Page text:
Takuya’s biggest strength in the first half of YU-NO is his tenacity, which firmly establishes his character as someone who very much knows what his goals are. Takuya’s use of the Reflector Device speaks volumes to the lengths to which he will go to set things right, and how strong his conviction once he sets his mind to something. For newcomers who are uncertain of what will unfold in YU-NO, then, this serves to create confidence in Takuya – while he might be experimenting and trying to work out some sort of global optima in some timelines, the knowledge gained, even in failure, leaves him better prepared to handle what’s coming. It’s reassuring to have a character take charge of things and do what they can, even when the nature of his situation is unknown; the Reflector Device is a literal game-changer for Takuya and his characterisation. In any other series, I would count him as impulsive, but being assured a safety net of sorts allows Takuya to explore more freely.

The other facet of Takuya’s character I particularly enjoyed is how lecherous he is: throughout the anime, he makes no effort to conceal his interest in women, especially the thought of pursuing a physical relationship with them. Given what you’ve said about the visual novel, Dewbond, I believe that Takuya’s animated incarnation acts this way for two reasons; firstly, it is to remind viewers of the fact that Takuya does in fact bed many of the female characters, and second, to create light-hearted humour in a series brimming with mystery. While Takuya begins pursing the truth behind Mount Senkaku, this world begins unravelling around him as conspiracies make themselves known to the viewers. Having humour punctuate these otherwise serious moments really helped me to take a step back and re-examine recent events. However, this is for the anime: how does Takuya differ in the visual novels?


Takuya’s perverted nature is played on more in the anime than the visual novel. I think this is because since the anime pulled out all of the sex scenes, they had to compensate some way. They are still present, but the fact that Takuya does end up sleeping with almost every girl helps balances it out.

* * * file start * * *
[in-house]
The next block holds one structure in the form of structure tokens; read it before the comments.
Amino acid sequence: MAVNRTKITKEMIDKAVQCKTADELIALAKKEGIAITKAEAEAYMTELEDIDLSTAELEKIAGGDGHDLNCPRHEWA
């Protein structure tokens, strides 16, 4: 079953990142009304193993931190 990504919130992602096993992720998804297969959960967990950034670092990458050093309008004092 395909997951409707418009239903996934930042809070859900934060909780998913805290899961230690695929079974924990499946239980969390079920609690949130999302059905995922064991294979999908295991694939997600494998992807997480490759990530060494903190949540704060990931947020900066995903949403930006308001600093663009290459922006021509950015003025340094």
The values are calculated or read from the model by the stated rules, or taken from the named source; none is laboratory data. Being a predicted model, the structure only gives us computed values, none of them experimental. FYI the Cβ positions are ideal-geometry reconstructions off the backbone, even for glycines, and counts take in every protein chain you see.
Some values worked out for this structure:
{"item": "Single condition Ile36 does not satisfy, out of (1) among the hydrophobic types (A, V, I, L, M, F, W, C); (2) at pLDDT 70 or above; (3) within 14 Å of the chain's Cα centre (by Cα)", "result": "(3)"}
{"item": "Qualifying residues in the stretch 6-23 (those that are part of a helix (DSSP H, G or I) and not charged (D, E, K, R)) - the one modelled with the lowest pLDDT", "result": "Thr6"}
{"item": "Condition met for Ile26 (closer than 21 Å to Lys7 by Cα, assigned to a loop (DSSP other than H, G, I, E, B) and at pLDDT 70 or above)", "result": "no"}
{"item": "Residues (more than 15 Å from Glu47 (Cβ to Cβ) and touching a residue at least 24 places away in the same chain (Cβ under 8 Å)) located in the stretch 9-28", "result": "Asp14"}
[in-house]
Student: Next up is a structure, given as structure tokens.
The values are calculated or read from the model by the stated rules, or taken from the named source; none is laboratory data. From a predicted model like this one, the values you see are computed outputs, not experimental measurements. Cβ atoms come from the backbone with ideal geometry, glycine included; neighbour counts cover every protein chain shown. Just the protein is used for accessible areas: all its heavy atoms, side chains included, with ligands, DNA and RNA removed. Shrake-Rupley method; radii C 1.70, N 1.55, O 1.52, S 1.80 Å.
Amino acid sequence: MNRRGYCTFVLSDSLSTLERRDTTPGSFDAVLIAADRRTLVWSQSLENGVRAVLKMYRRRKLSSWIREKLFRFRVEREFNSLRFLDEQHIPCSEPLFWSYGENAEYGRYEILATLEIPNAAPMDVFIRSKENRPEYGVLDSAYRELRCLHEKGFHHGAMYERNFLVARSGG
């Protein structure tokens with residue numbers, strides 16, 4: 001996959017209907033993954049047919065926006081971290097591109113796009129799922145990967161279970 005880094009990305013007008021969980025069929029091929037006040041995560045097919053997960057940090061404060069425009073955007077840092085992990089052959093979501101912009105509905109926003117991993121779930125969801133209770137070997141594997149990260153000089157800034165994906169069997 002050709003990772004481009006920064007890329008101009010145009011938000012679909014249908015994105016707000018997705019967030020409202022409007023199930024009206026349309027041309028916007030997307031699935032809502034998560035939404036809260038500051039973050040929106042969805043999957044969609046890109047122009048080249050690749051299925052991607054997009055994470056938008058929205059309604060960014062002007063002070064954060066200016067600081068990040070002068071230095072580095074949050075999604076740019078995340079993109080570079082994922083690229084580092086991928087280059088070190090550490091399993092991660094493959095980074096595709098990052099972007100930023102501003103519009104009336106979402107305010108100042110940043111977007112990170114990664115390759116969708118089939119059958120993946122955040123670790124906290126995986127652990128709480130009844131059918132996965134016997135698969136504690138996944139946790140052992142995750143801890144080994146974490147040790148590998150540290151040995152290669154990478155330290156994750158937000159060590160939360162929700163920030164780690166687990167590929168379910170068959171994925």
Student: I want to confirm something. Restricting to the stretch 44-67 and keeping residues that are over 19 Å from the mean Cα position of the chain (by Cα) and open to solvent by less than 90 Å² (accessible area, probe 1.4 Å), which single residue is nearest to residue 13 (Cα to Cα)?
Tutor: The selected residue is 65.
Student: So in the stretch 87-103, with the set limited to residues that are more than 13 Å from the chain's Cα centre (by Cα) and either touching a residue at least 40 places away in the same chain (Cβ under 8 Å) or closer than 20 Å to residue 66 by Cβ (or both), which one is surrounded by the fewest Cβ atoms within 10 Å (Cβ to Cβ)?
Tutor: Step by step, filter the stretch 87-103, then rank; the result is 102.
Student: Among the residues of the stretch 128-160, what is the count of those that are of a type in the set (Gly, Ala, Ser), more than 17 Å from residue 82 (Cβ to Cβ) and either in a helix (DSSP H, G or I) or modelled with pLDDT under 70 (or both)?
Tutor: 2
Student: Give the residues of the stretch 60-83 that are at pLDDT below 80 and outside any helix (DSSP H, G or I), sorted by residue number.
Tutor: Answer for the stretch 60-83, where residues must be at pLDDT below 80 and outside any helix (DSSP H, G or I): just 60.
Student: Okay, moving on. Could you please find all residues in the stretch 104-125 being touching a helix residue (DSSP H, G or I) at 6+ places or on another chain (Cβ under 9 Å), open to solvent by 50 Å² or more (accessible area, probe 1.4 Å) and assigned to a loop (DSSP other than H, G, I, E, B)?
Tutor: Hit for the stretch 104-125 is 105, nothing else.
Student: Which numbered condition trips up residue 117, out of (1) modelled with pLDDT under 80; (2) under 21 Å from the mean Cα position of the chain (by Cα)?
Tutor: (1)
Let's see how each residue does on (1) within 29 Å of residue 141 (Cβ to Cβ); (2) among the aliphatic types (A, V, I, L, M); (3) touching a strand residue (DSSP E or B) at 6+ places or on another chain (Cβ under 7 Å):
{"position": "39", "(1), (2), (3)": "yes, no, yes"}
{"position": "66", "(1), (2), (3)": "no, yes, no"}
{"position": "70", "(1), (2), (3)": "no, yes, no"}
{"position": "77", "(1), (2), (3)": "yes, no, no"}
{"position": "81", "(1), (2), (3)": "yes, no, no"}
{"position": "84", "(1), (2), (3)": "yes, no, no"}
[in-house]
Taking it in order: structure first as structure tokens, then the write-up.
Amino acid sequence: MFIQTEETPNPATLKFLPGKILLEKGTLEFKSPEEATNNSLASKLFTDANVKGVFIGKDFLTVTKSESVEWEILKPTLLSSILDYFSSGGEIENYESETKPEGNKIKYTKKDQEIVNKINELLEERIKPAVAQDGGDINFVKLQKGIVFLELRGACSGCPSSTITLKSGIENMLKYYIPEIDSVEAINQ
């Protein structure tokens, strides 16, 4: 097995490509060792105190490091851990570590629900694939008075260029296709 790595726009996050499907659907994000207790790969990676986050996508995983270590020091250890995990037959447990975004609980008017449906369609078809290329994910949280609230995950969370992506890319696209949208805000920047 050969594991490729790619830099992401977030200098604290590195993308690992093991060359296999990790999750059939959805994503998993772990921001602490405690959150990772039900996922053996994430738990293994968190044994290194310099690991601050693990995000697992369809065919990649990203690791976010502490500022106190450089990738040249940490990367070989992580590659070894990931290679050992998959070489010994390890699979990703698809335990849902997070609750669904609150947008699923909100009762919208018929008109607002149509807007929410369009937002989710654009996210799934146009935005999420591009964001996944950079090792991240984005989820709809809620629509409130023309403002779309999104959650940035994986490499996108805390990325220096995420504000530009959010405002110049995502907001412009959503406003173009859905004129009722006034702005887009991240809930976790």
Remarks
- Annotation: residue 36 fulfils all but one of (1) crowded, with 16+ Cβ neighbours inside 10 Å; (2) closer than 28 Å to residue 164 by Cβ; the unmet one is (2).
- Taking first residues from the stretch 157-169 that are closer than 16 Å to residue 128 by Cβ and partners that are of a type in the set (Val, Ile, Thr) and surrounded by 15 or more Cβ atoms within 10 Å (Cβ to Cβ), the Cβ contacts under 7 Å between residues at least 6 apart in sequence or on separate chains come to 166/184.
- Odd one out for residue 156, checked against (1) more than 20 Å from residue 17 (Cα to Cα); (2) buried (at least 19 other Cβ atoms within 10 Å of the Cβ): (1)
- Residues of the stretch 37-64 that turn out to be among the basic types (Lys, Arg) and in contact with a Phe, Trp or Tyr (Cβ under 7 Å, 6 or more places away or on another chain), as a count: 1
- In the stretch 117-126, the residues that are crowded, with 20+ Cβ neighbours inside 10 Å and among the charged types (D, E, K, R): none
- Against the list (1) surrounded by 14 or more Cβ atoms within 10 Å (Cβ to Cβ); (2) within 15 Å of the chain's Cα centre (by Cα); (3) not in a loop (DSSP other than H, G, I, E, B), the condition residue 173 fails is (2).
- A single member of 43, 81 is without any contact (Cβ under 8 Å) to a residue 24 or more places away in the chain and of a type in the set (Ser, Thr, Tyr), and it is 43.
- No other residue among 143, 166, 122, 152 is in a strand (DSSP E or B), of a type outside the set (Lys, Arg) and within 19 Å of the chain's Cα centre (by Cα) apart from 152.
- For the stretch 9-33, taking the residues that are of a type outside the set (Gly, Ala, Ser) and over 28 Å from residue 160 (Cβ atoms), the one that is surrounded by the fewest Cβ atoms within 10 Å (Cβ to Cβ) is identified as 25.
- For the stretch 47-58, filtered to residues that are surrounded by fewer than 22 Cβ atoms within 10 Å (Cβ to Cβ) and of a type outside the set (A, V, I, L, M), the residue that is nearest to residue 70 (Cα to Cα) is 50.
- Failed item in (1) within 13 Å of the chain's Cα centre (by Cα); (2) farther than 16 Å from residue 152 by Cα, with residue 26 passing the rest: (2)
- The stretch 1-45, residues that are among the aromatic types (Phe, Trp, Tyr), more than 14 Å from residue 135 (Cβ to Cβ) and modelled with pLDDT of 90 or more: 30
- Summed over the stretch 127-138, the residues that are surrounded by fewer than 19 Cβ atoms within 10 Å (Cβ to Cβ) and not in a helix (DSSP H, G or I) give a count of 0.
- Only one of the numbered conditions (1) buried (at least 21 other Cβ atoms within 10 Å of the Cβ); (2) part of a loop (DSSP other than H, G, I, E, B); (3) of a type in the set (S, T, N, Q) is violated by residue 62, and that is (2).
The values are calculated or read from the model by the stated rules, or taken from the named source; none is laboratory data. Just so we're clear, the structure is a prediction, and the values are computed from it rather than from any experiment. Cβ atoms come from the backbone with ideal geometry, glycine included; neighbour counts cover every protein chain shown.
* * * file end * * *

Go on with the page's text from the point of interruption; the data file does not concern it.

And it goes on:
And that I think is something very important to his character. In both the VN and the Anime, it is clear that Takuya is not a virgin, and that does wonders to ground his character. Instead of a teenager desperate to stick it in something, Takuya is calm, mature, and playful. He doesn’t have anything to prove (in that regard), and is able let the plot carry him where it needs to go. Watching both versions, I saw Takuya as a man who felt at peace with himself, even when he is thrown through the grinder of the parallel worlds. I always thought he was in control of his emotions, as much as he could be, and his quippy nature and laid back attitude really help set him apart from other harem leads.

That said though, this is a VN from the early 90s. Takuya isn’t going to win any awards for most in depth character. But YU-NO is able to make him extremely compelling and likeable when the risk of turning into a sleazebag was very possible. Again I credit the story for having him have had sex before everything started. Which I think is a good segue into our next route, and another of my favorites. Zen, what do you think of the Mitsuki/Eriko route?


I enjoyed the Mitsuki and Eriko routes immensely, because they really established what Takuya was squaring off against. For starters, since Mitsuki and Takuya had already slept together, it indicates that the two have a strong bond and trust one another; to see Mitsuki unexpectedly participate in actions that work against Takuya indicated that something was off. It was here that it became apparent: Takuya is entangled in something of an unimaginable scale, facing off against a foe of immense power. Early on, I dismissed Kōzō Ryūzoji’s actions: he did draw a pistol on Takuya, but I reasoned that it must’ve been one of many timelines, so whether or not that was indeed what the “real” Kōzō would do could still be explored. By the time Kōzō puts Mitsuki under hypnosis and has her attempt to relieve Takuya of the Reflector Device, YU-NO indicated to viewers that there are far greater forces at work in the world.